A Complete Guide to Creating Animated Information Graphics
- 2 hours on-demand video
- Full lifetime access
- Access on mobile and TV
- Certificate of Completion
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- plan and design an animated information graphic project
- model, animate, and render in 3D
- explore data in 3D
- Trial version of Autodesk Maya
- An interest in visual storytelling
- simple tools for storyboarding
This is a two part class.
In part 1 you'll learn how to create information graphics that use data and reveal stories through animation. You'll learn how to go from data/reporting to an engaging and animated information graphic.
What you will learn
- An overview of the approach to starting with a set of data and assets
- Figuring out the story and whats important or interesting about the data
- Creating a hierarchy of interesting elements and an organizational scheme
- Writing a script
- Creating the final storyboard
We'll also cover things like best practices and some tips to keep in mind as you work on your project.
What you will make
Students will make a storyboard for an animated information graphic.
In part 2 you will get started on how to model, render, animate, and visualize data using the power of 3-dimensional design, and give a foundational overview of the 3D software package, Autodesk Maya. Graham has been using this software to create a wide variety of information design projects at The New York Times, and will relate these skills to work created in the journalism environment and beyond.
What you will learn
What you will make
Students will model, render, and animate a simple thermos as a way to learn the fundamentals.
WHO THIS CLASS IS FOR
This class is for anyone interested in data, information graphics, animation, and visual storytelling. If you are a designer, journalist, animator or simply interested in how this kind of work comes together, this class is for you!
- visual storytellers
- interested in 3D
- interested in data
Welcome to Animated Information Graphics! By the end of this class you will know how to plan these projects in full, as well as a tool, Maya, to execute your ideas.
- Choose your story carefully. Consider what kind of story will benefit from visual explanation in order to be best understood. This could be anything from a major recent news event, to a local infrastructure project, to a historical look at a topic. I also find that sports and science topics are good places to look because of an abundance of readily available statistical data.
- File away visual ideas. Don't jump too early to decide the form your graphic should take. Wait until you have fully reported the topic and let the reportage guide you.
1. Report broadly on your topicTry to learn everything you can about your topic, and only then begin to consider the kind of more specific reporting you will need for your visual approach.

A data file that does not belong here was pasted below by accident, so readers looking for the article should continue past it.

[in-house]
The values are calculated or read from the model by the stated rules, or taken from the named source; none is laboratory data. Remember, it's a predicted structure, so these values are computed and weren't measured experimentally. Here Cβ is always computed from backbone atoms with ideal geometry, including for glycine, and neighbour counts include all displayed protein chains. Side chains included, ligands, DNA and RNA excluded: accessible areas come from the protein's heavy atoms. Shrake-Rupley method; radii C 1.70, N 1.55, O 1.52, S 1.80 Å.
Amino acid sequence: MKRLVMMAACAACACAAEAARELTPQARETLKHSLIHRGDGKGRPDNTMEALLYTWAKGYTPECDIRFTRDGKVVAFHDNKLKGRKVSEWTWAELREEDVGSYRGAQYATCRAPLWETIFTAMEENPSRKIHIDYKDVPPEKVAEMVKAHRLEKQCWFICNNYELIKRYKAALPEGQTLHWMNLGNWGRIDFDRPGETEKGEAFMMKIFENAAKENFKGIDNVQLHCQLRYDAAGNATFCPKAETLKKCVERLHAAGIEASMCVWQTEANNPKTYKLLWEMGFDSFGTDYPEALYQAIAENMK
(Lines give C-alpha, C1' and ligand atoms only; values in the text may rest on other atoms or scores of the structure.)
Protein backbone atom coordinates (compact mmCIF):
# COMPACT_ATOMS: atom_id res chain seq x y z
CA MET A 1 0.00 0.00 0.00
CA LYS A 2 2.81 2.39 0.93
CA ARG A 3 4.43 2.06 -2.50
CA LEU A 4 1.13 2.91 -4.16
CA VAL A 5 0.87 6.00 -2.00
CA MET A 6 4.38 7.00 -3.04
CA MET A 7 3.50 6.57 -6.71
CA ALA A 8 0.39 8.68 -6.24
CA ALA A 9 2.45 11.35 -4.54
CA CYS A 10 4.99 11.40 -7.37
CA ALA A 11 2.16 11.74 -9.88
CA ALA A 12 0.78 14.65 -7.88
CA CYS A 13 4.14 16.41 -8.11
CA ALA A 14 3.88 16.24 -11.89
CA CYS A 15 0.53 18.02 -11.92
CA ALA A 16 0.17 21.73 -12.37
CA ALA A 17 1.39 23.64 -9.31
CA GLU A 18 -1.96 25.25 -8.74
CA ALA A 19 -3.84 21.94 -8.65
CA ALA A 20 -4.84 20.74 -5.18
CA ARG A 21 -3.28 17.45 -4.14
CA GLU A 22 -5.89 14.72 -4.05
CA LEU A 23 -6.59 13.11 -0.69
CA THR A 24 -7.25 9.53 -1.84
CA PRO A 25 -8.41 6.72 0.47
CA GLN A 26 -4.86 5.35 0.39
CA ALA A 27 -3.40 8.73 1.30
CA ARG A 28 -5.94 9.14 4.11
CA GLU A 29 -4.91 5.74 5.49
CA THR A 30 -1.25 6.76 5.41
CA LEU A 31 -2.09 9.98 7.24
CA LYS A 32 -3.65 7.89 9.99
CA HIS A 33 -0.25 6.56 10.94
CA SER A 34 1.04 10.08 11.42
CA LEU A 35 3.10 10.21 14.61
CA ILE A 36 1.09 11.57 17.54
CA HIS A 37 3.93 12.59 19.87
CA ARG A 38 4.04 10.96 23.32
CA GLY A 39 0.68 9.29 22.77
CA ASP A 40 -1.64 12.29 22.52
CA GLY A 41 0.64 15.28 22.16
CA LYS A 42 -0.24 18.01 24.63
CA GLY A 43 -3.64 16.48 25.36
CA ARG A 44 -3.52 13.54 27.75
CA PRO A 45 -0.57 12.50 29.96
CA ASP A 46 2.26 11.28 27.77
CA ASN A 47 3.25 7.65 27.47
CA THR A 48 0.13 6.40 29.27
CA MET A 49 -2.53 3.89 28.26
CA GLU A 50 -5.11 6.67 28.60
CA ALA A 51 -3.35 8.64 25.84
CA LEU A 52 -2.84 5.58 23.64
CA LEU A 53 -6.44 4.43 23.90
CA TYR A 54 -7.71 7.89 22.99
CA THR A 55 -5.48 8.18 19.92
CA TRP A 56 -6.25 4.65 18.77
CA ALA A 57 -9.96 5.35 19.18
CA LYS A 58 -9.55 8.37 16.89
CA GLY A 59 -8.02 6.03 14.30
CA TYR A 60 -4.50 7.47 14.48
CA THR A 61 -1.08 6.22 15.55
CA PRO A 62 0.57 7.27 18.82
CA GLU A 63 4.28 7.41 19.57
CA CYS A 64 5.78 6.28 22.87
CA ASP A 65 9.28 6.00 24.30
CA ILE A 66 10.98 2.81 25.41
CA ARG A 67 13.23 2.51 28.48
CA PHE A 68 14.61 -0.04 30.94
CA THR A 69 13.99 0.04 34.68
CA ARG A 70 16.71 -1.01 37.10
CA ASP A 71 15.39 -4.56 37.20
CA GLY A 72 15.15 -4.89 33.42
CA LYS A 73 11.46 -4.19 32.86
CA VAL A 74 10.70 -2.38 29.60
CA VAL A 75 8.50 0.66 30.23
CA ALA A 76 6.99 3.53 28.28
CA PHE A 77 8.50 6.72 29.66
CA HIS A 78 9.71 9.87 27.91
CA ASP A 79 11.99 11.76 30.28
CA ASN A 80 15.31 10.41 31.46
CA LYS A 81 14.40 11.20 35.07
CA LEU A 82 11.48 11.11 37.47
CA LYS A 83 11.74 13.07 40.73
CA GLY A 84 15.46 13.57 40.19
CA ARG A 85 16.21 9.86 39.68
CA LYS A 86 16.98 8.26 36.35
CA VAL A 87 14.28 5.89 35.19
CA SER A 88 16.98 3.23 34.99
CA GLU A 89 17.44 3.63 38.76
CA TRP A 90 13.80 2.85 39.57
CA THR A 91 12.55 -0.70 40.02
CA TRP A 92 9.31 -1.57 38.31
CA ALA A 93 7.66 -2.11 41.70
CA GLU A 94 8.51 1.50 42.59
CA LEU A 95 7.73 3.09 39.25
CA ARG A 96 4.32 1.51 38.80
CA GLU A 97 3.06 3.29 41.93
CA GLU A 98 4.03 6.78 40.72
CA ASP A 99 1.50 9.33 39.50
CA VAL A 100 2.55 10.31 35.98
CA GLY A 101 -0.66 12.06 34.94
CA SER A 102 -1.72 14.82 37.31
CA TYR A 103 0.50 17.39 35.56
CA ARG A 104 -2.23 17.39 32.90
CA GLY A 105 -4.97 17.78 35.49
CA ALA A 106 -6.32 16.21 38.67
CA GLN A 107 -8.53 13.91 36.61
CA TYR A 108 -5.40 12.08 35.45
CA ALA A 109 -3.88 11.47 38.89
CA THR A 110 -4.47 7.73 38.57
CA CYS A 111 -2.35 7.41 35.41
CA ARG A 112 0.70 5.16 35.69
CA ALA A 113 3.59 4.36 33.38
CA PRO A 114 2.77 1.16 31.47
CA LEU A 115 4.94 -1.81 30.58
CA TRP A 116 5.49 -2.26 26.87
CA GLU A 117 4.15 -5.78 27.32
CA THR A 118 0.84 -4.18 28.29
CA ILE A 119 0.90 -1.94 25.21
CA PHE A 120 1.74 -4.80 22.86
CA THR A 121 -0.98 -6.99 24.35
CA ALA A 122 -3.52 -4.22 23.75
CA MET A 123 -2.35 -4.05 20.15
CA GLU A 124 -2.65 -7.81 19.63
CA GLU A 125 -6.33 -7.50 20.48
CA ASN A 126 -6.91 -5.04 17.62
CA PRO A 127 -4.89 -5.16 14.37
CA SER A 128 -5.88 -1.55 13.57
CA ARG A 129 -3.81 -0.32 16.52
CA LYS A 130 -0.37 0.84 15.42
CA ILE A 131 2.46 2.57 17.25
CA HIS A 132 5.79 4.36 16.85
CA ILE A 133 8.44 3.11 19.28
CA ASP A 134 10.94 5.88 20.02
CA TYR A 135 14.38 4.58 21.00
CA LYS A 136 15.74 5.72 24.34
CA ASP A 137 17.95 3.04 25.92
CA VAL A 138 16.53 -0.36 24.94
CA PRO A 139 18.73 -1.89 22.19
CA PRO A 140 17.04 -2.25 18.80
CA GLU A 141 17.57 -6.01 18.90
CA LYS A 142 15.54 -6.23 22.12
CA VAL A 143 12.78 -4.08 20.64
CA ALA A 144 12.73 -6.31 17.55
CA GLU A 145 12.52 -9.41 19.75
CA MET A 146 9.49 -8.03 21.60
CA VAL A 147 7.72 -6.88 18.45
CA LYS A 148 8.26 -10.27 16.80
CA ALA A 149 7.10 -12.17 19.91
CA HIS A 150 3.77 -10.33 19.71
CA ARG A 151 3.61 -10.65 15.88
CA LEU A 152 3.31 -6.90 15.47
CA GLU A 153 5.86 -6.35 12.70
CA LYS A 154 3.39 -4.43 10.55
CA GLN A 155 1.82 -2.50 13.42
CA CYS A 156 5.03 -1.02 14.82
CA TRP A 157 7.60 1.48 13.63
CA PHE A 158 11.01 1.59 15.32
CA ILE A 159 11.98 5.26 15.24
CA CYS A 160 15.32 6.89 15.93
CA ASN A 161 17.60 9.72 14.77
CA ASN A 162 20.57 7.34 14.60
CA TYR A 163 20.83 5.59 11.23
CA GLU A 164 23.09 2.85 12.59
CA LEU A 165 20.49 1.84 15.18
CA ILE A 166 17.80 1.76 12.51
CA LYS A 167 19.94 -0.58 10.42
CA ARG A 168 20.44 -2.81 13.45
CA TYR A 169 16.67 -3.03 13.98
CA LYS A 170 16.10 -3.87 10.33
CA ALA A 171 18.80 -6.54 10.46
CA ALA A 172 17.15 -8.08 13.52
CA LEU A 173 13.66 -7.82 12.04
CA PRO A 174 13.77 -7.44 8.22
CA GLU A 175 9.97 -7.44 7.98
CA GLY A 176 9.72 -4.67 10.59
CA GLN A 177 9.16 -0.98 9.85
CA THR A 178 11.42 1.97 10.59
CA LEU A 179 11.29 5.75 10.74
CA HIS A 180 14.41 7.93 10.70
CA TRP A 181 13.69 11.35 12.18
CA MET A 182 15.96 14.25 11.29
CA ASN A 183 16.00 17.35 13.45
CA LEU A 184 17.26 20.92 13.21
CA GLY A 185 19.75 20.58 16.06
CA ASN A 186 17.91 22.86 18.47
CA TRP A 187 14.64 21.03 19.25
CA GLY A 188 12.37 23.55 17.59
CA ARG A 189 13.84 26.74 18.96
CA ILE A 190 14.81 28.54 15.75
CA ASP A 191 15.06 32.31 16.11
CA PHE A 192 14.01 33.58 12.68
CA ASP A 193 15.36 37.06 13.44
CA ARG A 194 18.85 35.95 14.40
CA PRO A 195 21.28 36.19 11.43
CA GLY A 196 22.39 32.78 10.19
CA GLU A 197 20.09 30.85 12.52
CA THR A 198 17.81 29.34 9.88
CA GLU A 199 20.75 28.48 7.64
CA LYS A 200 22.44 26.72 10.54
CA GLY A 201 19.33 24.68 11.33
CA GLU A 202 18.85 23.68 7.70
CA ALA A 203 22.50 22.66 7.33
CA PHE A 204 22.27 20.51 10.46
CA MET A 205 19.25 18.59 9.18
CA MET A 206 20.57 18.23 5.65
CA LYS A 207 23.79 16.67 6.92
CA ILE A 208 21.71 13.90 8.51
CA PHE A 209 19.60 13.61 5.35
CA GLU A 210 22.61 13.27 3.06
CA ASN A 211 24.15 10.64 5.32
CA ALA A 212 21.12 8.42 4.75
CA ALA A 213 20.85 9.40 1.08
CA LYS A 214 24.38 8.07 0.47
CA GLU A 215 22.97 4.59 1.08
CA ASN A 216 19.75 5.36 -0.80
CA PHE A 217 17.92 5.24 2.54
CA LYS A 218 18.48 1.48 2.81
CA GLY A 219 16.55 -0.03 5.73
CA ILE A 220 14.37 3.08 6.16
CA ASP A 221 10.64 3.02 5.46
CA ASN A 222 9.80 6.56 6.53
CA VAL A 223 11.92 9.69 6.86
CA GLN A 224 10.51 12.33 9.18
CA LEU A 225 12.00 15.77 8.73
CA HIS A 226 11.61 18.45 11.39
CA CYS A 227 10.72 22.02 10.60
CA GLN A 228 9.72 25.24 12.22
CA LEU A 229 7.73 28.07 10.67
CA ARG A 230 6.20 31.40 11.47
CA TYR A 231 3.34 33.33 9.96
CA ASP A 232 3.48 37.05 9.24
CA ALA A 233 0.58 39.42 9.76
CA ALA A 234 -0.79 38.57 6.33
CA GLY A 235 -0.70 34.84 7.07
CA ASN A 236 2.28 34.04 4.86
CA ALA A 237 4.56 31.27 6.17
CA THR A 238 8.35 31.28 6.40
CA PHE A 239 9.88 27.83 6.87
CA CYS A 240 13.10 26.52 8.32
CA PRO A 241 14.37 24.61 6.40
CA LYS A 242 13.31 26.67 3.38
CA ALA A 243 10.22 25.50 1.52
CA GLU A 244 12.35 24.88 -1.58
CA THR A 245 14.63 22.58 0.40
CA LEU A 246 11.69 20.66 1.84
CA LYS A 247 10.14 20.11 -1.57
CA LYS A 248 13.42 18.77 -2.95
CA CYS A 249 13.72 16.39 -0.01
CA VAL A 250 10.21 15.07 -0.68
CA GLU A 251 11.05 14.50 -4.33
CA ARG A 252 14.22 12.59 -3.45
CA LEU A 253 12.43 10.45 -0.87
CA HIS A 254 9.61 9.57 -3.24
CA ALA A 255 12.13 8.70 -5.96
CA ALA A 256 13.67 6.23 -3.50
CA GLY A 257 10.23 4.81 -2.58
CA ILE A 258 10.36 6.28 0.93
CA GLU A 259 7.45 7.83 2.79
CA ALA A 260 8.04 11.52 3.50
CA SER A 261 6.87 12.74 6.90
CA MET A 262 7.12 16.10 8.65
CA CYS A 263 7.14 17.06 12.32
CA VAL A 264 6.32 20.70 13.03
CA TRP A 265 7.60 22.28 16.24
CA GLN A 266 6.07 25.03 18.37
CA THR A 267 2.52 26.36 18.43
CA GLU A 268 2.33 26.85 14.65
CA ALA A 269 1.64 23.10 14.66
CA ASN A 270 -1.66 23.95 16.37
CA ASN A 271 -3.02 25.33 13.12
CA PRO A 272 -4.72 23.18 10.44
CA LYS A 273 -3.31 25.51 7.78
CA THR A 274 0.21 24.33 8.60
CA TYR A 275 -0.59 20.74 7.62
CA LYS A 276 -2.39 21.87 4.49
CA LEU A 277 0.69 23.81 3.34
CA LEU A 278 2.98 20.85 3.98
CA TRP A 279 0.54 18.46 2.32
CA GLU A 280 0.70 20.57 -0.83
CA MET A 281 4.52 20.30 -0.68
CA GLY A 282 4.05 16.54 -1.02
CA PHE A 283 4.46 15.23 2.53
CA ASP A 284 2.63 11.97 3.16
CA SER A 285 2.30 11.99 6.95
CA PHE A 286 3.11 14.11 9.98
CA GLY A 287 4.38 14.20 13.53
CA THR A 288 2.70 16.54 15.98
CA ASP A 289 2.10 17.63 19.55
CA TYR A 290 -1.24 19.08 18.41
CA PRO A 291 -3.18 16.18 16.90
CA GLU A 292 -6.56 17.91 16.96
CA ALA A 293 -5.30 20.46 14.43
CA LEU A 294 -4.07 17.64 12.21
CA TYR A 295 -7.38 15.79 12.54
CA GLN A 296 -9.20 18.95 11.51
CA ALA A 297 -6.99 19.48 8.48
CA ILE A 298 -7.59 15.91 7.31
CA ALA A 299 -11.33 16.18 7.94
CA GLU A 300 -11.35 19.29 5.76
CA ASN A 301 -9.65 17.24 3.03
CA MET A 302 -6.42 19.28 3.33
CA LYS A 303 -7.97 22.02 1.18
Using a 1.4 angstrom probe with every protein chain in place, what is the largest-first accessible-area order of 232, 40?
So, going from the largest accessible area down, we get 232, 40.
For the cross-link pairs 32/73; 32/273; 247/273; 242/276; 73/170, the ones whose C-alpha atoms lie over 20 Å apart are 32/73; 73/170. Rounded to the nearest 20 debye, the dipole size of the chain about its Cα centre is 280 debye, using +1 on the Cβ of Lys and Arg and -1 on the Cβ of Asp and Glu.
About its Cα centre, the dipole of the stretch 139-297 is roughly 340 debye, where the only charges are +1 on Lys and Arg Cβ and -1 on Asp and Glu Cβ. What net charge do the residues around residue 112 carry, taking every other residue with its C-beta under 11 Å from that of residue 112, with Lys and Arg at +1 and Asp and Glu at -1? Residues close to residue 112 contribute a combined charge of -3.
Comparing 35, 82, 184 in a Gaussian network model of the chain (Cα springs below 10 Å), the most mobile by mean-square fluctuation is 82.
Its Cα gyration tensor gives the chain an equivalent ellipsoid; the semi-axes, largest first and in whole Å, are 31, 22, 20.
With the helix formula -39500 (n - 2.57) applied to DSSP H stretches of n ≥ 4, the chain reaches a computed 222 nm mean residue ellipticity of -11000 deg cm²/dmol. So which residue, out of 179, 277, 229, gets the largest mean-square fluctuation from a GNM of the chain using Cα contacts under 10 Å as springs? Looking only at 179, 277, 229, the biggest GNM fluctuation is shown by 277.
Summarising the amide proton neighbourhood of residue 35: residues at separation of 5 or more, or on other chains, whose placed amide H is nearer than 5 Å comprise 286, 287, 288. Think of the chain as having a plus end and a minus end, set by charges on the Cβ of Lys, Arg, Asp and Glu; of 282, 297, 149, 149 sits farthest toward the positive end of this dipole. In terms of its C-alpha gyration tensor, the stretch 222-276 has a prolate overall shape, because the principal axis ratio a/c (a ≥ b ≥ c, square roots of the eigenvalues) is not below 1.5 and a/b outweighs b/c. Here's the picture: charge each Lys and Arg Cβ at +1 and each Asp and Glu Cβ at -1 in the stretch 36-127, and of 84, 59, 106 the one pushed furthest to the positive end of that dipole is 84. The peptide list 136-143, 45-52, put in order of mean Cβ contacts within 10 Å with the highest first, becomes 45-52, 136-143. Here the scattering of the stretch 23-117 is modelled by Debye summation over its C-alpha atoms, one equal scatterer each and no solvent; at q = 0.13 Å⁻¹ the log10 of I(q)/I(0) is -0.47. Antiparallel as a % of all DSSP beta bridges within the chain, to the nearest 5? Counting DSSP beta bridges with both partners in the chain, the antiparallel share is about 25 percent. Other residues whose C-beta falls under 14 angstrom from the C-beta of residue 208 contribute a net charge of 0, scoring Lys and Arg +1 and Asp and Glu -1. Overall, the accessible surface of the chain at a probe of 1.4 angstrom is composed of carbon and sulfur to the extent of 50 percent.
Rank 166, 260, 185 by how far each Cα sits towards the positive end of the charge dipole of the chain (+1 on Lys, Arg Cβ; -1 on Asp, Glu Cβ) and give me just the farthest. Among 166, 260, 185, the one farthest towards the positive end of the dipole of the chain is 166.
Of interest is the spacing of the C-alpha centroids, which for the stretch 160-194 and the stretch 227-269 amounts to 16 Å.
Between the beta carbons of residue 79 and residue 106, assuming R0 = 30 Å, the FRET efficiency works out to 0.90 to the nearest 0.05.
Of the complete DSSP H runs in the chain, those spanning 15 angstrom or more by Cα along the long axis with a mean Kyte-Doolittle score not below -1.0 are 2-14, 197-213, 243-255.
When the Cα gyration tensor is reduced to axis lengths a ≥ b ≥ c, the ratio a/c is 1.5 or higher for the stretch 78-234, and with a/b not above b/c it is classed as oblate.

Find the best angle for your explanation. What element of the story can be best illuminated through the use of a visual explanation?
Determine what you will need to create your project. If you are working with an architectural scene, for example, can you settle for photo reference to get the right general look, or do you need a level of detail that requires architectural plans or even CAD models? If you are collecting a data set, will you need a specific, narrow time frame, or will you require data across all time?
Consider learning about data scraping: http://www.propublica.org/nerds/item/upton-a-web-scraping-framework
Decide what is most important. It is unlikely that everything you have collected is interesting or of equal importance in telling the story you want to tell.
Don't say to your audience, "here is some data, I hope you find something interesting."
Consider the flow of your project. The flow and pacing you establish in this step will help you find out if the hierarchy you established is working or not.
Does it want to:
- bring an idea full circle,
- or is it a compare and contrast between two or more ideas.
- Maybe it has multiple threads that should ultimately converge,
- or perhaps it should build cumulatively until it reveals a final whole.
Practice using the different modeling tools.
In this lesson we examine a number of modeling tools that will allow you to create a wide range of geometry.
- This includes:
- editing by component
- face extrusion
- boolean operations
- sculpt geometry tools
- cut faces tools
Practice using the different animation tools.
In this video we learn the fundamental tools for creating animations in Maya.
- This includes:
- how to create keyframe based animation
- using the graph editor
- animation layers
- creating playblast previews
- beginner rigging
- using cameras
Practice using the different rendering options.
- In these videos, we learn a variety of rendering techniques including:
- adding shaders to your model
- manipulating textures
- adding lights and cameras to the scene
- maya software renderer, mental ray renderer, and vector renderer
- working with render layers
Using the class model, or a model of your own creation, add shaders, textures, and lighting and create some renderings.
Then share these images with the class.
Output a frame sequence of an animation, and compile these frames into a quicktime video, and share the video with the class.
Familiarize yourself with code in Maya
- Experiment with using MEL to create, and manipulate objects in Maya.Try creating and then manipulating an object as we learned in earlier videos, then look at the script editor and see how Maya expressed these actions in code.Then create a small program using these instructions to recreate yoru actions using code alone.Share your MEL code with the class along with some screenshots showing what the code produced.